For years southern states have been treated as the step-children of the LGBT movement. Few national organizations invested any real money, compared to other parts of the country where wins were more predictable. Even gay folks said "we won't get equality til the whole country has equality."
But then, openly LGBT candidates in places like Georgia and Alabama and Arkansas started beating the odds and winning office, holding off bad bills and even passing a few good ones. National groups started realizing what the Gay & Lesbian Victory Fund already knew: don't forfeit the South. There are victories to be had, many of them infused with the importance of being huge breakthroughs and carrying the weight of being the lone LGBT representative in a given electoral body.
But it is different down here. Democrats can't be counted on to support LGBT equality - even the most progressive (by southern standards) shy away from words like "marriage equality" and when push comes to shove, they'll use LGBT issues as political ammunition. (In all fairness, even some LGBT people advise their favored candidates to steer clear - and if we can't stand for ourselves, how can we expect them to do so?)
In Alabama, the first openly LGBT state representative Patricia Todd had to fight off a Democratic primary recount fueled by matters of race, sexual orientation and control of the local party. (She won, and is still fighting to stop anti-equality legislation.)
In Arkansas, the first openly LGBT person to run for office, Kathy Webb, was also "gay-baited" as her primary opponents told voters she would be ineffective working within the conservative state legislature. (She too won and became the first woman Chair of the Joint Budget Committee.)
And in Georgia, the would-be first openly LGBT State Senator Kyle Williams is having to fight a sad but not surprising battle. In a rare Democrat-takes-all district, his allegedly progressive opponent is attacking him by distorting a gay organization's endorsement shared by several other long-standing Democrats in a non-partisan race 5 years ago.
Given the district's leanings, it's not quite as obvious as attacks Todd and Webb faced - but it's there.
It started with a push-poll, a common campaign tactic to plant doubt in the minds of voters disguised as gauging opinion. In it, the poll suggested that Williams had taken contributions from an organization that supported D.C. Republicans like Sen. John McCain. (He hadn't.) Although the campaign claimed it had nothing to do with it, a mailer with the same message hit today, claiming Williams was endorsed by a group that endorsed Mitt Romney. (He wasn't.)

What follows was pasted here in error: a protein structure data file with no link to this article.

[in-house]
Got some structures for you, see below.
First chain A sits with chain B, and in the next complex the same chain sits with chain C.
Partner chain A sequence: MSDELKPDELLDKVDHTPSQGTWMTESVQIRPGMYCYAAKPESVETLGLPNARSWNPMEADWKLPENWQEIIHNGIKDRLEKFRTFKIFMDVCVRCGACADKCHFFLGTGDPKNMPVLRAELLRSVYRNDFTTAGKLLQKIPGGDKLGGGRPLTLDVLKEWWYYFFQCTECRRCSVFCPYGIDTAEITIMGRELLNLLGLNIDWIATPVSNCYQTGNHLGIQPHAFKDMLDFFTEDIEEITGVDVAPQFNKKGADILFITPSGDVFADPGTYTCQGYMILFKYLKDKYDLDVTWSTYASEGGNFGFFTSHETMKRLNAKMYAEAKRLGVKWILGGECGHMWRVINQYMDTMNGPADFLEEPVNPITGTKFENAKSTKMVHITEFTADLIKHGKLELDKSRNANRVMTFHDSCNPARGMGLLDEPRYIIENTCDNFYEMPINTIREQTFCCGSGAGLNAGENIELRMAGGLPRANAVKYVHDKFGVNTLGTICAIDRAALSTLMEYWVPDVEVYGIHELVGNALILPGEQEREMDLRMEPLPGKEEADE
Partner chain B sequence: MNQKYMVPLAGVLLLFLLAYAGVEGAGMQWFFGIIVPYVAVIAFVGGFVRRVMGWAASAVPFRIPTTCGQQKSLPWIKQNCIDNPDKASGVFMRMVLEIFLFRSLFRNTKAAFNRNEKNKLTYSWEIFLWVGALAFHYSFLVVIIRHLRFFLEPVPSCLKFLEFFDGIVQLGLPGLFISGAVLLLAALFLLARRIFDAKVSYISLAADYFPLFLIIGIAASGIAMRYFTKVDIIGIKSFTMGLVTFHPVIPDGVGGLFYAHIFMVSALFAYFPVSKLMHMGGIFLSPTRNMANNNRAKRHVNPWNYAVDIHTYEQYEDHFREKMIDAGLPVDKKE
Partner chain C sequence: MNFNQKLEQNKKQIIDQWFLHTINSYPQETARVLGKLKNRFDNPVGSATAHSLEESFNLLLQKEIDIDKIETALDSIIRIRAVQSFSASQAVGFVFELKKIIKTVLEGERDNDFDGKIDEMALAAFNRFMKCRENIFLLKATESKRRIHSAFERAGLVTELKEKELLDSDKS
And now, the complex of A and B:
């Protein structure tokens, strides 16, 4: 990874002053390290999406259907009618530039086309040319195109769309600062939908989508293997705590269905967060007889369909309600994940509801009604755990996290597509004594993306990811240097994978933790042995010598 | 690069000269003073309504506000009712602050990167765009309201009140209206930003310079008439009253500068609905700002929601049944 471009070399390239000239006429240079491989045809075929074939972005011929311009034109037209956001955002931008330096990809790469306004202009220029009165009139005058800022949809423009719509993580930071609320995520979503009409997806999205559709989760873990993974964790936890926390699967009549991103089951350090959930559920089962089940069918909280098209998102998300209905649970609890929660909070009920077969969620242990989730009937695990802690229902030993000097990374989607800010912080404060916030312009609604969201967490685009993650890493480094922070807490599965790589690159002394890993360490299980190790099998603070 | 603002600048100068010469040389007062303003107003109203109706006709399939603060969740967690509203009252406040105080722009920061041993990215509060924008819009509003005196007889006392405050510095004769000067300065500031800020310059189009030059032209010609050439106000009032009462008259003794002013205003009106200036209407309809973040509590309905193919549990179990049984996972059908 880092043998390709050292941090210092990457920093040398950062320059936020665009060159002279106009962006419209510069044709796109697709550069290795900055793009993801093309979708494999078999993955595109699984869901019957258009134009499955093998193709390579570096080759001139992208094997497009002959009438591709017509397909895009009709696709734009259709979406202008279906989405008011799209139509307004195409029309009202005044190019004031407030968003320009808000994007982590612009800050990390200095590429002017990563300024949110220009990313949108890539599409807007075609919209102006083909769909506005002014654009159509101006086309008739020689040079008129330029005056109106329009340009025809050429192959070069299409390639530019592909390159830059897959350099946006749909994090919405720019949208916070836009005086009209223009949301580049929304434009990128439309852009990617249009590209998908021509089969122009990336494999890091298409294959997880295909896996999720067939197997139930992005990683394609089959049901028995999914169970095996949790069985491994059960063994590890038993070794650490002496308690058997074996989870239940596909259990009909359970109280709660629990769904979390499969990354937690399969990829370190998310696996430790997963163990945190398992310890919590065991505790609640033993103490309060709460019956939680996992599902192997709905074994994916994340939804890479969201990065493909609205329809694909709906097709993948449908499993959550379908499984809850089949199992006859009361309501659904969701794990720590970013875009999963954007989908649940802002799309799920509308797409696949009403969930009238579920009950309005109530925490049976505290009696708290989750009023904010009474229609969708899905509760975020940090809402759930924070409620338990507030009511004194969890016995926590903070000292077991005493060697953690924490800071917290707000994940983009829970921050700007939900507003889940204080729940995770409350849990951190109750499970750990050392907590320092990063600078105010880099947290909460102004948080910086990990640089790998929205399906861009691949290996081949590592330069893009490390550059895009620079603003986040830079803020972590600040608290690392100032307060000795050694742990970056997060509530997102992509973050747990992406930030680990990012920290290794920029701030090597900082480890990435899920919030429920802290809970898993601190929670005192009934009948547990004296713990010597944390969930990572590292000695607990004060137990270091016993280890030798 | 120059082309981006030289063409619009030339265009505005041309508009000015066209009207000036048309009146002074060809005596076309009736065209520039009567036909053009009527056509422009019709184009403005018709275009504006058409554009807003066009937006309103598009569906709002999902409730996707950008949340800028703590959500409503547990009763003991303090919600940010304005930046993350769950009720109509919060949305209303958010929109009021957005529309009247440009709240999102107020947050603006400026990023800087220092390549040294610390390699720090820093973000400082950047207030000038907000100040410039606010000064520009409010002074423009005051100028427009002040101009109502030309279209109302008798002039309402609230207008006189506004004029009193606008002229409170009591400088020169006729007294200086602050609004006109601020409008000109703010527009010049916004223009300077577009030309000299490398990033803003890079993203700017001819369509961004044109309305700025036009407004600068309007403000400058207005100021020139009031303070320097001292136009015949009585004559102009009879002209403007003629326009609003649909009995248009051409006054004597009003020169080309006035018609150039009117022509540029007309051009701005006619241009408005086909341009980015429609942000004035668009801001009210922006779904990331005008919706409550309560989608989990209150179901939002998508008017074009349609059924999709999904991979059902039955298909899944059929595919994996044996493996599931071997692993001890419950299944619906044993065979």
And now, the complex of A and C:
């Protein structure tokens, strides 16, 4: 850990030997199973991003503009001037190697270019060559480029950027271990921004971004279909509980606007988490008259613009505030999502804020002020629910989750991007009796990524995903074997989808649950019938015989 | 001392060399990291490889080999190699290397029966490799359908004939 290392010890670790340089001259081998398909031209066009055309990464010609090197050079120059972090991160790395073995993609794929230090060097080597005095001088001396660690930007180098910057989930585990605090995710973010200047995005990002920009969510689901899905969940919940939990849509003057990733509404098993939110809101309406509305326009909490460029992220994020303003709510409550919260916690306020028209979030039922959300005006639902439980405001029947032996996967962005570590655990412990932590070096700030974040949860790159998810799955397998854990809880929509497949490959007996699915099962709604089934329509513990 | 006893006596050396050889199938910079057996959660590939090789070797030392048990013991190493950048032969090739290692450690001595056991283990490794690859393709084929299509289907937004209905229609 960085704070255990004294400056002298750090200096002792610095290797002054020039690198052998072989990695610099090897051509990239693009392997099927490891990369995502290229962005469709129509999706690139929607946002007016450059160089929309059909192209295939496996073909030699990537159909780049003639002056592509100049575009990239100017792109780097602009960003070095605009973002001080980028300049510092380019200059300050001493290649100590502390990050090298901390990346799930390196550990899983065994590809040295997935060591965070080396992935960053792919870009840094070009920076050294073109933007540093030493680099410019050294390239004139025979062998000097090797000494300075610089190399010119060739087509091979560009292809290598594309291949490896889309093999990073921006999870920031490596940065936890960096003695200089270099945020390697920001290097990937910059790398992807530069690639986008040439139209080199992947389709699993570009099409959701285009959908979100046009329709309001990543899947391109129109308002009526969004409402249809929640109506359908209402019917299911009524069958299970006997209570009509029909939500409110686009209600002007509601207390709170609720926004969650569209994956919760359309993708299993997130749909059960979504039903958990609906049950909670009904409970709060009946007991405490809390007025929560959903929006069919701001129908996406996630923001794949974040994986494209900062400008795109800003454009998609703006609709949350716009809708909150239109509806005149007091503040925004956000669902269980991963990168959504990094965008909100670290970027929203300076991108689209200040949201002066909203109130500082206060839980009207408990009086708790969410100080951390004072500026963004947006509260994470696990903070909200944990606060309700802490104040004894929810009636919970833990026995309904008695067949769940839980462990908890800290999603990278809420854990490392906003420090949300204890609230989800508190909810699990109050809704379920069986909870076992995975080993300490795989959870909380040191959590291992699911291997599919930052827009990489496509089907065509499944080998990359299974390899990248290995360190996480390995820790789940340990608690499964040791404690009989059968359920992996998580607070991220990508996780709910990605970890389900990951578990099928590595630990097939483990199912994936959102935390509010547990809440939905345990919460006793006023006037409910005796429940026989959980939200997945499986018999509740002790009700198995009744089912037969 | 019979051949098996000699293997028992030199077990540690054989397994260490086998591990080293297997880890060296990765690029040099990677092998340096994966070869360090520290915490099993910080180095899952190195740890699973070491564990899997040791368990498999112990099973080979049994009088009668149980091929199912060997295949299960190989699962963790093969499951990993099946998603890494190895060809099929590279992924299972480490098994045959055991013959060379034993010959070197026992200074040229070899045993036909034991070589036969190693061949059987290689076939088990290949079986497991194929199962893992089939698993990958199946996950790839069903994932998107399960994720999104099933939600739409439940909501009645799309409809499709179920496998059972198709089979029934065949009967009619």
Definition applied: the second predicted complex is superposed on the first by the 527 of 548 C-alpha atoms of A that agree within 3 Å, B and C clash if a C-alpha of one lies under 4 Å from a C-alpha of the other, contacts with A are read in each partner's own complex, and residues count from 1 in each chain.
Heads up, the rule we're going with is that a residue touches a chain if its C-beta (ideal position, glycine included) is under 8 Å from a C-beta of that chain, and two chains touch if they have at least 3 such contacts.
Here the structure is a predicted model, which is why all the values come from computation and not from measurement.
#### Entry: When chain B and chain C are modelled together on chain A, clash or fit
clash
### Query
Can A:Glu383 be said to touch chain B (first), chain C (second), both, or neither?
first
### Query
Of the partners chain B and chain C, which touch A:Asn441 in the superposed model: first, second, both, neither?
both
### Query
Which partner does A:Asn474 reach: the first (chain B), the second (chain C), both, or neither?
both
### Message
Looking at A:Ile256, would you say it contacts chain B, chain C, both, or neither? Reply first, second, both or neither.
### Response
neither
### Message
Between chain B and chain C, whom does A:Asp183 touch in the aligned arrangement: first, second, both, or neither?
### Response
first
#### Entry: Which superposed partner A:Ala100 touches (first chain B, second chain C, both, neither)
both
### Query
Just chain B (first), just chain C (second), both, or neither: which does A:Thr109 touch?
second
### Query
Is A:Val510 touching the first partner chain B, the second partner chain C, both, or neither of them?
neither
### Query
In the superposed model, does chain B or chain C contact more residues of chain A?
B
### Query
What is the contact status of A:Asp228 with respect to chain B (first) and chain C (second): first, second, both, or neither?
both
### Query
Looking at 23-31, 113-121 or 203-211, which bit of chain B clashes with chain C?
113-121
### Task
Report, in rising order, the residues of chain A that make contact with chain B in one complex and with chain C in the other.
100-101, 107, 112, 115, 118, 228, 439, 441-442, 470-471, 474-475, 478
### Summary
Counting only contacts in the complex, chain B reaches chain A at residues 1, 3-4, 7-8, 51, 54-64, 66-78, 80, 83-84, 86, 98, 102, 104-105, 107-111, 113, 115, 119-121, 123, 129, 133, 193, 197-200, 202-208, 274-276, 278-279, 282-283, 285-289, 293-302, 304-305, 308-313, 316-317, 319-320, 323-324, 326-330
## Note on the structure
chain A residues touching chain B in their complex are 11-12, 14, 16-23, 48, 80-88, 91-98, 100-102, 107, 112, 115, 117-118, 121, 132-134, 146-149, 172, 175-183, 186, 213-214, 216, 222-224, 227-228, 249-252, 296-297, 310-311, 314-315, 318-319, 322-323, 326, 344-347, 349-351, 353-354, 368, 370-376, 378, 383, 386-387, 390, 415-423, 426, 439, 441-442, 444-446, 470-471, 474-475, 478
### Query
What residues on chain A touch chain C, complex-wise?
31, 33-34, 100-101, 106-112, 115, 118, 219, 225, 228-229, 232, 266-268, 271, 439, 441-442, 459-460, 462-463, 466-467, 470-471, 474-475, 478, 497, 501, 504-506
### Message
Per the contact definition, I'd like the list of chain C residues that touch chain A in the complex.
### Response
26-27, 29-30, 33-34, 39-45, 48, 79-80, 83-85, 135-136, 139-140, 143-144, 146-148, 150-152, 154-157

In the style of campaigning that makes voters say "this is why I hate politics," both the push-poll and the last-minute mailer are downright false but could be powerful.
But this is where it gets interesting: Williams' opponent keeps speaking of "a Republican group" but won't name it. The source on the mailer is listed as an article in ProjectQAtlanta.com which refers to Williams being endorsed by three LGBT groups in a different, non-partisan race, including the Georgia Log Cabin Republicans. So why not call it out?
The GA Voice put it this way: "it's a slippery slope for Parent, who can't mention who this unnamed Republican group is because it's a gay group, and then she would come off as homophobic." Exactly.
But here's the thing: A closeted attack is still an attack.
And that's another thing about the South: things aren't always as they seem. A friend puts it this way: "We can tell you to go to hell in a way that makes you look forward to the trip." Or, as Kathy Webb puts it: "In the South, they love their gays. It's just the rest of the gays they don't like." And that distinction often sways their votes.
National organizations, welcome to the South. We've been needing you. Just be sure you have a cultural interpreter on the team.
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